From pinotage to chenin blanc, South Africa shows its wines can take their place among the best in the world. By Adam Lechmere
South Africa has had its biggest-ever haul of gold medals at the International Wine and Spirit Competition – cementing the republic’s position as one of the world’s most exciting wine producing countries.
Winners were announced at a Wines of South Africa event in London. IWSC Judges were delighted by the quality of the wines presented at the judging, which took place last month in Paarl, South Africa, and yielded 53 gold medals, including three gold outstandings.
Pinotage, that most singular of South African grapes, did particularly well, with six golds and a gold outstanding (Spier 21 Gables Pinotage 2014), 17 silver outstanding and more than 30 silvers.
“It was a very, very good three days,” panel chair Lindsay Oram told World Travel Guide. “Pinotage and Chenin Blanc did exceptionally well but there were some brilliant blends as well.”
Pinotage – a hybrid of pinot noir and cinsault (or cinsaut, as it can be spelt)– is South Africa’s signature red grape. It has a unique taste and importers have tended to consider it too unusual for the European palate.
It’s a dark, thick-skinned grape which gives inky-black juice. It’s a vigorous grower, and in the bad old days it would be overproduced, and over-extracted during fermentation, with the result that the wines’ distinctive smokey, tarry flavours often turn to burnt rubber or burnt tar aromas.
Some producers still pour scorn on pinotage. Andre van Rensburg, the renowned and pugnacious director of Vergelegen, can hardly bear to have it mentioned in his presence. “I won’t plant or make pinotage in your lifetime or mine,” he told Decanter magazine.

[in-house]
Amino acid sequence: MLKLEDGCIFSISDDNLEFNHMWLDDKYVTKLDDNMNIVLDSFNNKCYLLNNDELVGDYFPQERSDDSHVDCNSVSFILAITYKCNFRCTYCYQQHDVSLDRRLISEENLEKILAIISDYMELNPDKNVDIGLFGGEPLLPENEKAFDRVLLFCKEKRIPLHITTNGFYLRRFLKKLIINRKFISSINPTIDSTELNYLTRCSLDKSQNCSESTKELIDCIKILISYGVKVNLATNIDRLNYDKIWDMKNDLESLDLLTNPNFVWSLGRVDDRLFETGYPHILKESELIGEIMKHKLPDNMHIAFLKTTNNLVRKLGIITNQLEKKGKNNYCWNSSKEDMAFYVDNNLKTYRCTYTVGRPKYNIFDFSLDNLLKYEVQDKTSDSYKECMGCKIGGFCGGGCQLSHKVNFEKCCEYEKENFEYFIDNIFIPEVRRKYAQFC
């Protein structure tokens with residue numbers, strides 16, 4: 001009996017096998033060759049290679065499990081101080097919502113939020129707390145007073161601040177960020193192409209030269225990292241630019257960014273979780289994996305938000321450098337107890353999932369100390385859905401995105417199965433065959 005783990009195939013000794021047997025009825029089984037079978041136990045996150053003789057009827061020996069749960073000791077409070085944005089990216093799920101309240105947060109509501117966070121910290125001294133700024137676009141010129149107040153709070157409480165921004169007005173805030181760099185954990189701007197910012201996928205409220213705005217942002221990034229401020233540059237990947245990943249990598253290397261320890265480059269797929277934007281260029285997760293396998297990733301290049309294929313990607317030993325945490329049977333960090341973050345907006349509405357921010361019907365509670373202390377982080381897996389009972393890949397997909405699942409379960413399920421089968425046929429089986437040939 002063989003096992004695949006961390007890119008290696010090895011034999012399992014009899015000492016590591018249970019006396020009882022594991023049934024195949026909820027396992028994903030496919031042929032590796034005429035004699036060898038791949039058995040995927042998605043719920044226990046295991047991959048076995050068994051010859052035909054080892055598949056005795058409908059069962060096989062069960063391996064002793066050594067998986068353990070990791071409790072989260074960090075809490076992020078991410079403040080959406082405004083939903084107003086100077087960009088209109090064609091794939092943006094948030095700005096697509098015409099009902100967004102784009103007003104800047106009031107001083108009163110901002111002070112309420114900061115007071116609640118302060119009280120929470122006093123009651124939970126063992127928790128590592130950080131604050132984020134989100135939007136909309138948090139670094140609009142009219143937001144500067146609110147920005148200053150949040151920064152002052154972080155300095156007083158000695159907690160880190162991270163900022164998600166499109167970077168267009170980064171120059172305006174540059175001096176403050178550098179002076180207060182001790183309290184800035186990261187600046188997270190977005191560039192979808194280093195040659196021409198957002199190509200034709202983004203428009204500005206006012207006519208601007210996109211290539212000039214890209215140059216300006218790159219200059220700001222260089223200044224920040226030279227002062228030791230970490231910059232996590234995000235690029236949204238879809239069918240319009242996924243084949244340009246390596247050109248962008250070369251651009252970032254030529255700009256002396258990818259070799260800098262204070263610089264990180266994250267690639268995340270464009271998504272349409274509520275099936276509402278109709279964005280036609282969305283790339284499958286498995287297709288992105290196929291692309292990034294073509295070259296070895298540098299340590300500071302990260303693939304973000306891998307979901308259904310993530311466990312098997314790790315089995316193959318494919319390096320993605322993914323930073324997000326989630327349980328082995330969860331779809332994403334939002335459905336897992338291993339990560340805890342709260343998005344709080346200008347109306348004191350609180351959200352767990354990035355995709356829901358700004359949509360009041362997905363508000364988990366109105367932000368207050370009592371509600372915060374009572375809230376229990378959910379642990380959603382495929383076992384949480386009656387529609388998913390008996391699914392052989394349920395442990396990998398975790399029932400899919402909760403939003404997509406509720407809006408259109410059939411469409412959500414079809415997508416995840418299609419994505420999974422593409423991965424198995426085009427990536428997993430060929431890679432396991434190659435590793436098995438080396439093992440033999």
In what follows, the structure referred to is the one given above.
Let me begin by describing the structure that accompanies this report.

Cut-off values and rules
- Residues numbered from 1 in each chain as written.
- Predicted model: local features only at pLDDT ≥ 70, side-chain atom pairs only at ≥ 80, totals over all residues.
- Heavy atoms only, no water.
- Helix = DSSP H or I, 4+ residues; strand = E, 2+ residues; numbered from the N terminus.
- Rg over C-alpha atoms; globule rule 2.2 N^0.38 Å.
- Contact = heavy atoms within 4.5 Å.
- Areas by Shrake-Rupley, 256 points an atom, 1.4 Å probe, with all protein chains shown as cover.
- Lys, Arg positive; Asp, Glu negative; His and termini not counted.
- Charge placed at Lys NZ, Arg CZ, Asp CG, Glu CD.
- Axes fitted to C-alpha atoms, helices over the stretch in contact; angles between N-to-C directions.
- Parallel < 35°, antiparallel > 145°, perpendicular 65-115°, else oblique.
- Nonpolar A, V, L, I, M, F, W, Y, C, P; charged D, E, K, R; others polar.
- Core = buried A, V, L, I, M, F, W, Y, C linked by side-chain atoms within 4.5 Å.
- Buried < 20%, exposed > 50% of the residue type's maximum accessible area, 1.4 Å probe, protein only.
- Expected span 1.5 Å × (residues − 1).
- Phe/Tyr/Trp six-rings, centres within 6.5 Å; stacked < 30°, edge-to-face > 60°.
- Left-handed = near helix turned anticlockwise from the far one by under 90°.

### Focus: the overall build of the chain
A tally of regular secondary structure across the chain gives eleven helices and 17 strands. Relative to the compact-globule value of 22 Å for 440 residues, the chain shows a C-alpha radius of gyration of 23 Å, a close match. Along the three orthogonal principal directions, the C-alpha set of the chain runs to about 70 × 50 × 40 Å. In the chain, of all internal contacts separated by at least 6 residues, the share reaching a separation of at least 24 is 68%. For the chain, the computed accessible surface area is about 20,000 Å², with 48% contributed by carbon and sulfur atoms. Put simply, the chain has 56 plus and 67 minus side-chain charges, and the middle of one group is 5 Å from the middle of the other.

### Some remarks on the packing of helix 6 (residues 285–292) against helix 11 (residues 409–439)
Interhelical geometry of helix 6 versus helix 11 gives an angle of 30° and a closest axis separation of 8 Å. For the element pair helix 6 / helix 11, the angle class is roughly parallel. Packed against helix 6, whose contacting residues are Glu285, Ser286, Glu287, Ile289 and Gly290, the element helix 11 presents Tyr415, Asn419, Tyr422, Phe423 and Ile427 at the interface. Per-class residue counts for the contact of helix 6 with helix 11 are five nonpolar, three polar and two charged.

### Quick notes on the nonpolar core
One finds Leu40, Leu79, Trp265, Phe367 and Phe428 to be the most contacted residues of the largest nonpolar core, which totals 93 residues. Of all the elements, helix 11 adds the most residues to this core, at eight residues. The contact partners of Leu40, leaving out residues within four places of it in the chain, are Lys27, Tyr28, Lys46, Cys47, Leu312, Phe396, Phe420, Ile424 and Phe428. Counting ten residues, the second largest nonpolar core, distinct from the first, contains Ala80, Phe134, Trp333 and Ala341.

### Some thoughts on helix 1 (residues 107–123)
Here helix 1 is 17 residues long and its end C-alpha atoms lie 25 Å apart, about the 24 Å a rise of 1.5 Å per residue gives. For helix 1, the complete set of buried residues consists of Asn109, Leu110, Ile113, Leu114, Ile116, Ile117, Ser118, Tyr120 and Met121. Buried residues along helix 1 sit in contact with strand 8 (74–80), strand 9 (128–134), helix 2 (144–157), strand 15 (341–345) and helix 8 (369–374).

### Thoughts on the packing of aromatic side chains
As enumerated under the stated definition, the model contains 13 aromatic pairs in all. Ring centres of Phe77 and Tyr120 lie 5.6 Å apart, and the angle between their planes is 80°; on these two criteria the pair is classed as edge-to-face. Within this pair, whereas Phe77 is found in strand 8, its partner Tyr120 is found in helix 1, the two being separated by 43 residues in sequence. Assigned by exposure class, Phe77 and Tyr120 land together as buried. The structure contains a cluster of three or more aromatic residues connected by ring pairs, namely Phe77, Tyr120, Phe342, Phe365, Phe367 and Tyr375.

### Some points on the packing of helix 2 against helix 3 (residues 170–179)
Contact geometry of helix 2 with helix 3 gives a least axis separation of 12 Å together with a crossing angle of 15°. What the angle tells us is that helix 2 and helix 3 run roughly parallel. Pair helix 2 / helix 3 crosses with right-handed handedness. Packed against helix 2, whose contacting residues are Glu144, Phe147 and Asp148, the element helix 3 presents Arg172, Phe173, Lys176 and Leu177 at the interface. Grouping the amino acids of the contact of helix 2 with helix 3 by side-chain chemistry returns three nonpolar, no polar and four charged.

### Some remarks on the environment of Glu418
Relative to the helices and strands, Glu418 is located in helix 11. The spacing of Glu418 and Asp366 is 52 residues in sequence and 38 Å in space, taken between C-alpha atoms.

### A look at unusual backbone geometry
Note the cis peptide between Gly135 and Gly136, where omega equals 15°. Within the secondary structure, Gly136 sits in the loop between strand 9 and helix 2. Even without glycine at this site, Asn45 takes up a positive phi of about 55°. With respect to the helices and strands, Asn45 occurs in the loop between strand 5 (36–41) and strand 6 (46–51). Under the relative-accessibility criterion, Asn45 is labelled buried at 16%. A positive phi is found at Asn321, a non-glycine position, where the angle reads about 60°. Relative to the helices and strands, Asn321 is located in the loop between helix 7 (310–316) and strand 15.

South Africa exports a lot of its production – some 15m litres a year – but it’s not widely understood, despite huge improvements over the last decade.
But, “These were serious wines,” Oram said of the pinotages on her panel. “And there were vintages going back to 2009, showing how well Pinotage can age.”
She singled out the Stellenbosch producer Kanonkop for particular praise. “We were all very enthusiastic about their wines. They were very well made – powerful but not clumsy, ripe but not jammy, concentrated with layers of complexity.”
Chenin blanc, South Africa’s most-planted white variety also did well, with three golds and a gold outstanding (Nederburg Private Bin Edelkeur 2013 late harvest), 13 silver outstanding and over 40 silvers. “It’s a superb variety,” said another judge, Kristina Beuthner, principal educator at the Cape Wine Academy. “The chenin being produced nowadays is meticulous, uplifted.”
The two critics pointed out how South African winemaking is “coming of age” (both used that phrase). The wines that are aimed at the world stage, they are more elegant, and there is “deft use of oak”.
“We need to grasp the nettle and say how good the wine is,” Oram said. “For too long we’ve been hiding our light under a bushel – we’ve always had the view that South African wine is cheap.”
Beuthner agreed, noting that South Africa is the eighth-largest wine producer in the world (after Italy, France, Spain, USA, Australia, China and Chile). “We now need to be careful how we portray our wines. Our Cabernet Sauvignon is incredibly reliable and a hell of a good buy, for example. We need to be more on it. Show what we can do.”